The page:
The Changing Rules of B2B Marketing

The B2B Difference

Why are B2B companies different and why do they justify a social media book just for them? For one thing, B2B marketers quietly spend about $80 billion per year. For another, they are far more entrenched in social channels than they are given credit for. Business.com reported in late 2009 that 81% of B2B companies maintain company-related accounts or profiles on social media sites versus 67% of B2C companies. The same study also found that three out of four B2B companies have a presence on Twitter compared to half of B2C companies.

There are big differences between selling to organizations and selling to individuals. Let’s look at a few:

B2B marketing is much more likely to focus on value than experience. This distinction isn’t absolute, of course; makers of automobiles and dishwashing detergent also figure value into the equation. But in nearly all B2B decisions, value is the driving force. Value can be expressed in many ways, including price/performance, the fit with the customer’s business objective, flexibility and compatibility with existing systems. The point is that the “Wow!” factor that is so important to many consumer buying decisions rarely means much in business engagements. In fact, flash obfuscates the clarity that business buyers need.

B2B buying decisions are made by groups, whereas consumer buying decisions are made by individuals or families. This has huge implications for marketing. B2B marketing programs must influence multiple people at multiple stages of the buying process and each of those individuals has different priorities. The CFO, for example, is focused on return while the product manager may be thinking more about user experience or lead generation.

For this and other reasons, business buying cycles are longer than consumer buying cycles. This is primarily because more dollars are at stake and more people are involved in the decision The choice of packaging machine ry for a manufacturing plant, for example, impacts that company’s ability to deliver its product to the marketplace, which in turn affects its sales and stock value is. With so much at stake, decisions often involve many rounds of meetings and may take a year or more to conclude.

Business buying decisions are more likely to be a commitment than consumer buying decisions. Products like enterprise e-mail systems or aircraft engines will live with the customer for a very long time. Issues such as the viability of the manufacturer, its quality of support and its future product roadmaps have significant influence on these decisions. Once the sale is made, buyer and seller are bound together in an ongoing dialogue. Businesses do business with those that they trust.

Relationships play a more important role in B2B than in B2C decisions. In some cases, business buyers bet their careers on the choices they make. They need to feel confident that their supplier will validate the soundness of their judgment. Smart B2B marketers realize that their job is as much about ensuring the success of the buyer as it is about selling the product.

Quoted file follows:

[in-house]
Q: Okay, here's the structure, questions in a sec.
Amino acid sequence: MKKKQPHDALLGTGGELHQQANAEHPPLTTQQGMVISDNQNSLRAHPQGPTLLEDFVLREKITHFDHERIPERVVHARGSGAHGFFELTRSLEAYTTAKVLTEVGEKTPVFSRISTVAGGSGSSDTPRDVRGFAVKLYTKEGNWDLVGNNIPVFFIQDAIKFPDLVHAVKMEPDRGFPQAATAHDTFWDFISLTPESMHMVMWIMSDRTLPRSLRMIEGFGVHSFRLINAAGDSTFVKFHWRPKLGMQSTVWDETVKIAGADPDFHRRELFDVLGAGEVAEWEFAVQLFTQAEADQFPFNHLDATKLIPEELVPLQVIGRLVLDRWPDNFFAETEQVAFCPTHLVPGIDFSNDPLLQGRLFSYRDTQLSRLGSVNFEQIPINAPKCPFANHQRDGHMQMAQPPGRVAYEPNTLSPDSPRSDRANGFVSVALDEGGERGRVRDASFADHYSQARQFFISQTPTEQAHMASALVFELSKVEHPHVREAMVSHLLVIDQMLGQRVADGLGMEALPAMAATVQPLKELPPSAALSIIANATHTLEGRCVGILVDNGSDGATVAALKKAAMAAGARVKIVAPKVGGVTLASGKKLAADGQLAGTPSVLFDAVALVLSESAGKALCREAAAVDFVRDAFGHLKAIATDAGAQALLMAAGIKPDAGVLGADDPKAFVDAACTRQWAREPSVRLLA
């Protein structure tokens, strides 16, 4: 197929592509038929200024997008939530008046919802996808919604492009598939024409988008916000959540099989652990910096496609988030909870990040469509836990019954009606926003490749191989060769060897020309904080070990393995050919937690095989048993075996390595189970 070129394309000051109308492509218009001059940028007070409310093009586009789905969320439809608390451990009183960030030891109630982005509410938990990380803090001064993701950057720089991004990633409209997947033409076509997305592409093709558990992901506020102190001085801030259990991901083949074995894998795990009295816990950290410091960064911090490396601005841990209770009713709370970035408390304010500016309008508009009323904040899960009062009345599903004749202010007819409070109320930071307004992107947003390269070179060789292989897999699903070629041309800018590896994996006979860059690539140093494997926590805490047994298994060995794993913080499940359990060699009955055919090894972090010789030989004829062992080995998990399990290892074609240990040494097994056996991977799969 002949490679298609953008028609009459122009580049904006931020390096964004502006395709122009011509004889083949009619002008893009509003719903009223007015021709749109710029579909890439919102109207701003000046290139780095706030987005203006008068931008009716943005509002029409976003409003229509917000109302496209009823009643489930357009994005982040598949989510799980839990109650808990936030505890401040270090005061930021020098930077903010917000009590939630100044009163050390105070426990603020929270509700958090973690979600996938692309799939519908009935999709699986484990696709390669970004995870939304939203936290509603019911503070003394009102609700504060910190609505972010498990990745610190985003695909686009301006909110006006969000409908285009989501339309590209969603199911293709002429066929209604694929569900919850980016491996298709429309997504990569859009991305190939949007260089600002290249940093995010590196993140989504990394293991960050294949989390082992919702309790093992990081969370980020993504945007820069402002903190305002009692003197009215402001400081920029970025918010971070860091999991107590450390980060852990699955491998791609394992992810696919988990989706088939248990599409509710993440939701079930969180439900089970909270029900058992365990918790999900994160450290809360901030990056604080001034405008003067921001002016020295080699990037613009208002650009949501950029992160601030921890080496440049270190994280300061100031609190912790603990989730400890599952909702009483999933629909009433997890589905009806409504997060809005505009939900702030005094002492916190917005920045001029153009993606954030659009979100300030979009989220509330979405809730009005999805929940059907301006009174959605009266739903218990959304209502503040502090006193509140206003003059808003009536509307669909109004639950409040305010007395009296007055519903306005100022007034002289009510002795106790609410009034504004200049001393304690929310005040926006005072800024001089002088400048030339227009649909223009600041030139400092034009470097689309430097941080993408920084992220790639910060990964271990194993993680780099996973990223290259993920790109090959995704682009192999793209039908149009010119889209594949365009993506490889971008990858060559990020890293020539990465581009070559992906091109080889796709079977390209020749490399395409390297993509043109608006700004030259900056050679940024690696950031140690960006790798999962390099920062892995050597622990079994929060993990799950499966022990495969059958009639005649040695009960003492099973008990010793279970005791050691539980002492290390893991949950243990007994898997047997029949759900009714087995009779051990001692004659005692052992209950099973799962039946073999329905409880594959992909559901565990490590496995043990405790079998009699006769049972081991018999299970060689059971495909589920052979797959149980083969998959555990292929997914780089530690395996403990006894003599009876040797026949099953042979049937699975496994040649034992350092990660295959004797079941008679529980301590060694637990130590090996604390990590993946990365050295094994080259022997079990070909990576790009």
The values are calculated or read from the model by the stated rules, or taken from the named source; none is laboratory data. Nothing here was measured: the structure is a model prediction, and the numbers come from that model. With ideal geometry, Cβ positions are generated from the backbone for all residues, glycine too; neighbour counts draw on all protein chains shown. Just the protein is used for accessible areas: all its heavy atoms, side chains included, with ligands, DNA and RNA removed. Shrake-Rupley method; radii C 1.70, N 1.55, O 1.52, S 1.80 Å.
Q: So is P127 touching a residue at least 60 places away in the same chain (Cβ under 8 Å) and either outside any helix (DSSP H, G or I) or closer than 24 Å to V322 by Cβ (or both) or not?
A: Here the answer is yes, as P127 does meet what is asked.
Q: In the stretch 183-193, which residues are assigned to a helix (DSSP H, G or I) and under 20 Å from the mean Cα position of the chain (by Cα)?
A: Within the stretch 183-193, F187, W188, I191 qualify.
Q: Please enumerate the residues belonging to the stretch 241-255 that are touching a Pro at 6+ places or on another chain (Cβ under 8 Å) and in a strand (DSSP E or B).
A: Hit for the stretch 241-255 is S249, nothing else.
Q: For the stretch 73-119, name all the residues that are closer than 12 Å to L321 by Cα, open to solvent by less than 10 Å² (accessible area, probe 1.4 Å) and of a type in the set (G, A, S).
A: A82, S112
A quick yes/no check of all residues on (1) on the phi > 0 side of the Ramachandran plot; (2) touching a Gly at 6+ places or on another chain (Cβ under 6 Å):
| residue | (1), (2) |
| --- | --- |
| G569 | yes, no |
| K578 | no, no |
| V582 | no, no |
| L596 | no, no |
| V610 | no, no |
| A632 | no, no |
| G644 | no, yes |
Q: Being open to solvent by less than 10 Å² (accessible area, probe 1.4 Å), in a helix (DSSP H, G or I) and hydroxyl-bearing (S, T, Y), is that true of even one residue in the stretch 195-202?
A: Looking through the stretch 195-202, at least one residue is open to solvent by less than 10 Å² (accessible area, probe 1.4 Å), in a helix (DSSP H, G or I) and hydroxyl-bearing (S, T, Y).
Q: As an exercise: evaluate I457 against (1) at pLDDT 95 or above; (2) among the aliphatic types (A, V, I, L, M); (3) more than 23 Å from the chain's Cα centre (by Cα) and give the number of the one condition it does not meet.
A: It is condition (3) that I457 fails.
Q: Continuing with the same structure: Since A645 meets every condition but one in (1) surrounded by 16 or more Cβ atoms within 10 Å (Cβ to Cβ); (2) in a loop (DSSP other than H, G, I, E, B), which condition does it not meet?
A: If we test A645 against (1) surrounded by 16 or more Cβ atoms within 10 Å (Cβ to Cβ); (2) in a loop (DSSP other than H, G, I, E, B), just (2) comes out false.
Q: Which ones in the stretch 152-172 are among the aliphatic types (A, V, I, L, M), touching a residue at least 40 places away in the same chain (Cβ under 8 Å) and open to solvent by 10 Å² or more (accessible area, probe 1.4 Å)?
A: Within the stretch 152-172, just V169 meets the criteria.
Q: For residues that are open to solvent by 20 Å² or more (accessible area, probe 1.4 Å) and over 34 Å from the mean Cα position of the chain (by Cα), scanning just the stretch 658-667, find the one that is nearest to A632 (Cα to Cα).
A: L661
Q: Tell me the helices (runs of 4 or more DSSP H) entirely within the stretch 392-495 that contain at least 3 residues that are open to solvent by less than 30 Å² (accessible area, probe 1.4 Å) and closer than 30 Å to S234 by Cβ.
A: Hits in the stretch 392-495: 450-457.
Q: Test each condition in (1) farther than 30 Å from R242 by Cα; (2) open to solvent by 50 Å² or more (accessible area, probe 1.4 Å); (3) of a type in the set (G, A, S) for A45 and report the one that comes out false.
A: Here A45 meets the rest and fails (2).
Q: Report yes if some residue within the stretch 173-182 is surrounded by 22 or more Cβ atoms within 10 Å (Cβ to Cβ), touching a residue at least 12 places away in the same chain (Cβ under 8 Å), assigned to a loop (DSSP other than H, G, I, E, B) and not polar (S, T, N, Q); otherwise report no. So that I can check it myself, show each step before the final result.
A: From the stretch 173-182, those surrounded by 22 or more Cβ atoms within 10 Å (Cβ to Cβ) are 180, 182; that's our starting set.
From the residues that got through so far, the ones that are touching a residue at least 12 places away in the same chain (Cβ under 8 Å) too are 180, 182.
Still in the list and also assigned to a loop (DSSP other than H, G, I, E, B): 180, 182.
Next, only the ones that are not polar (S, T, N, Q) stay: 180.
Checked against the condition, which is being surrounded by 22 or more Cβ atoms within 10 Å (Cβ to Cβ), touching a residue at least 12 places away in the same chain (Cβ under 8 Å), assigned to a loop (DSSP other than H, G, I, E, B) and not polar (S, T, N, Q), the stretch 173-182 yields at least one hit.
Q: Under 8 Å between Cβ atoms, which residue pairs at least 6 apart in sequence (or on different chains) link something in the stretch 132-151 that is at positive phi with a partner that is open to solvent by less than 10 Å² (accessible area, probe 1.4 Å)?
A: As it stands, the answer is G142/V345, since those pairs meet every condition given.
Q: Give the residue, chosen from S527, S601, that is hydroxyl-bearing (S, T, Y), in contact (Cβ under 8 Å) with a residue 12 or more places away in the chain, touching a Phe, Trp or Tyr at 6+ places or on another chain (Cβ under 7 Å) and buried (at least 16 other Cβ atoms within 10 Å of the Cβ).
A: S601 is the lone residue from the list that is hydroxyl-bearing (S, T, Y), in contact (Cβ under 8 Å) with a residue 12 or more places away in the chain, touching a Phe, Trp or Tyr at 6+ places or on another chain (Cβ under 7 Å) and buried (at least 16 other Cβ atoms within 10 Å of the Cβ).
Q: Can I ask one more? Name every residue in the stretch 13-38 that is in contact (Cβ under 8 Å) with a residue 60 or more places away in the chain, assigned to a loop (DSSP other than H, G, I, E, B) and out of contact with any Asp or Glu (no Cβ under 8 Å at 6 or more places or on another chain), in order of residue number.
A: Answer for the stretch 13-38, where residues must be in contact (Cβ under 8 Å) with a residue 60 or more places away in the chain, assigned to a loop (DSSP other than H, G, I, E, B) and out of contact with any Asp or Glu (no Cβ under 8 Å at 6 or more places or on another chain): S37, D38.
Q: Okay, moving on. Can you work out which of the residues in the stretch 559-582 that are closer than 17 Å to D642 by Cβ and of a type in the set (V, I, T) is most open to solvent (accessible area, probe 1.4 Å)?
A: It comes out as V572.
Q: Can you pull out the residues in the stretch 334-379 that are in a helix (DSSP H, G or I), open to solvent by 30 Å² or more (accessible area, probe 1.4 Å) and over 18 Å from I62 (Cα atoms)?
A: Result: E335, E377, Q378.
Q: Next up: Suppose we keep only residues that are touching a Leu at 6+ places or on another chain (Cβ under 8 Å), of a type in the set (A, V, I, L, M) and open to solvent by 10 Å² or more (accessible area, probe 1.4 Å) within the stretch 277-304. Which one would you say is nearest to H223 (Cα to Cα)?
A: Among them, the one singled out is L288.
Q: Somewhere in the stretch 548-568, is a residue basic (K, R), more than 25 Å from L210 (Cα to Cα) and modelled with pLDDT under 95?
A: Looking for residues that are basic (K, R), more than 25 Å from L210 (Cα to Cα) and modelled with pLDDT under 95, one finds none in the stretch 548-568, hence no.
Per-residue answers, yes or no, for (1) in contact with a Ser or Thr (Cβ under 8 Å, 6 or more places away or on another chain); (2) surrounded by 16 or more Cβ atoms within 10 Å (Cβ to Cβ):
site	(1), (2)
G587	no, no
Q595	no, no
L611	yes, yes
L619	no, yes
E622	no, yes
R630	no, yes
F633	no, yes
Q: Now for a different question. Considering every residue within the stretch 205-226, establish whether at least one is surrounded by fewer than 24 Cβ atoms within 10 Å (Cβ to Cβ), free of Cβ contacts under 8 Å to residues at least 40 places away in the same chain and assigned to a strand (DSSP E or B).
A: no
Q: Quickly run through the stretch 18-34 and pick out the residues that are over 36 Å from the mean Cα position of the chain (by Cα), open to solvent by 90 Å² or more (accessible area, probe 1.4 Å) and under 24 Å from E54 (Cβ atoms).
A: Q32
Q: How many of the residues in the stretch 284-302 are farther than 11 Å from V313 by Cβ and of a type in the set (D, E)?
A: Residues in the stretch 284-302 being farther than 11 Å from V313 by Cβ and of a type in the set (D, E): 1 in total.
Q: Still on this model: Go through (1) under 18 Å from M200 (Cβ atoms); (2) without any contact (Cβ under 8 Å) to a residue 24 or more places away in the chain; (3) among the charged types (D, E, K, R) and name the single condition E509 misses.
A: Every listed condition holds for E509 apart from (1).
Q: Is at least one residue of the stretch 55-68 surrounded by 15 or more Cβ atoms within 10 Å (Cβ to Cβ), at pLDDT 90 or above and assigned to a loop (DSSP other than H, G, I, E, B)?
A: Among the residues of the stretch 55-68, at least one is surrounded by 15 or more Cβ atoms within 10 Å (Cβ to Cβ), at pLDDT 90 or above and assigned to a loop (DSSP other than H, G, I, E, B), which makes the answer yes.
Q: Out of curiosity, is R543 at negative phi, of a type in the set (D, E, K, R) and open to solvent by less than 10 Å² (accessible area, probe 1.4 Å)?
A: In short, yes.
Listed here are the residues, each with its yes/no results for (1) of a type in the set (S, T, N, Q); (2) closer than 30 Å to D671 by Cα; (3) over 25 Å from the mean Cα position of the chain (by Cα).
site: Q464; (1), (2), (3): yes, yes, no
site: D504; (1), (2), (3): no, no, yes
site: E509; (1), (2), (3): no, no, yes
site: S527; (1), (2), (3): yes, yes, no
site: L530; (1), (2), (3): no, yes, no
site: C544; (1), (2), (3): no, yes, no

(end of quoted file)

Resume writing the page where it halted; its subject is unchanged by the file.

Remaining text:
Service and support are essential decision factors. Business customers won’t wait 20 minutes on hold to speak to a support technician, particularly if their assembly line is down. They expect their problems to be solved when they need them solved.

B2B sales have lots of moving parts. At the high-end in particular, contracts are often custom bid and may include bundled services, special discounts and detailed price schedules.. This process involves extensive communication between the parties and direct contact between different departments of both organizations.

Channel relationships are complicating factors in the marketing equation. B2B marketers constantly struggle to strike a balance between selling to channel partners such as resellers and distributors and selling directly to customers. Channel partners ultimately sign the check for many B2B transactions and see themselves as owning the relationship with the customer. However, customer pull is a significant influence on sales, regardless of the channel. This is a perpetual quandary for many B2B companies, which must market to both constituencies without muddling the message or creating conflict.

Social media are well suited to addressing many of the unique issues noted above. They’re particularly effective at connecting customers with the people behind the products they buy. This barely matters in consumer markets, but in high dollar transactions that may affect the fate of the buying company, the ability to communicate directly with designers, engineers and support personnel can significantly improve buyer comfort. This is why we recommend that B2B companies that undertake social initiatives apply them broadly across the organization. The more you open up your company, the credibility and trust you earn from your prospects and customers.

3 thoughts on “The Changing Rules of B2B Marketing

  1. Pingback: How search and social media will shorten the B2B sales cycle. | The Top Line

  2. Paul, Eric – your first chapter inspired a lot of thought, and I would appreciate the chance to have a conversation offline.

    My (lengthy) comments are below, and you can reach me at ghalliwell@netprospex.com.

    It’s a great starting point. This topic is overdue for all the reasons you mention. That $80bn B2B marketing spend brings enormous clarity to the fact that this is hardly a backwater. I agree with most points, have questions on some and think there some other interesting things going on here that you might also consider.

    I like the story of B2B marketing momentum based around products of greater value which in comparison to B2C certainly have more objectivity. I don’t see this as an either/or though. I think it’s both. Most of us are very turned off by unimaginative marketing hyperbole that talks down to us and rigid corporate websites. B2C does navigation and tone very well, and it’s the B2C model to follow as an evolving set of B2B marketers.
    Many haven’t yet figured out that poking around the edges in navigation bars is not where the user’s attention is, it’s just a reflection of Microsoft’s navigation system. Users prefer information and decisions presented to them in the centered simplicity of the iPhone and iPad (which has almost all but replaced my PC) and the friendly, personable tone of Apple.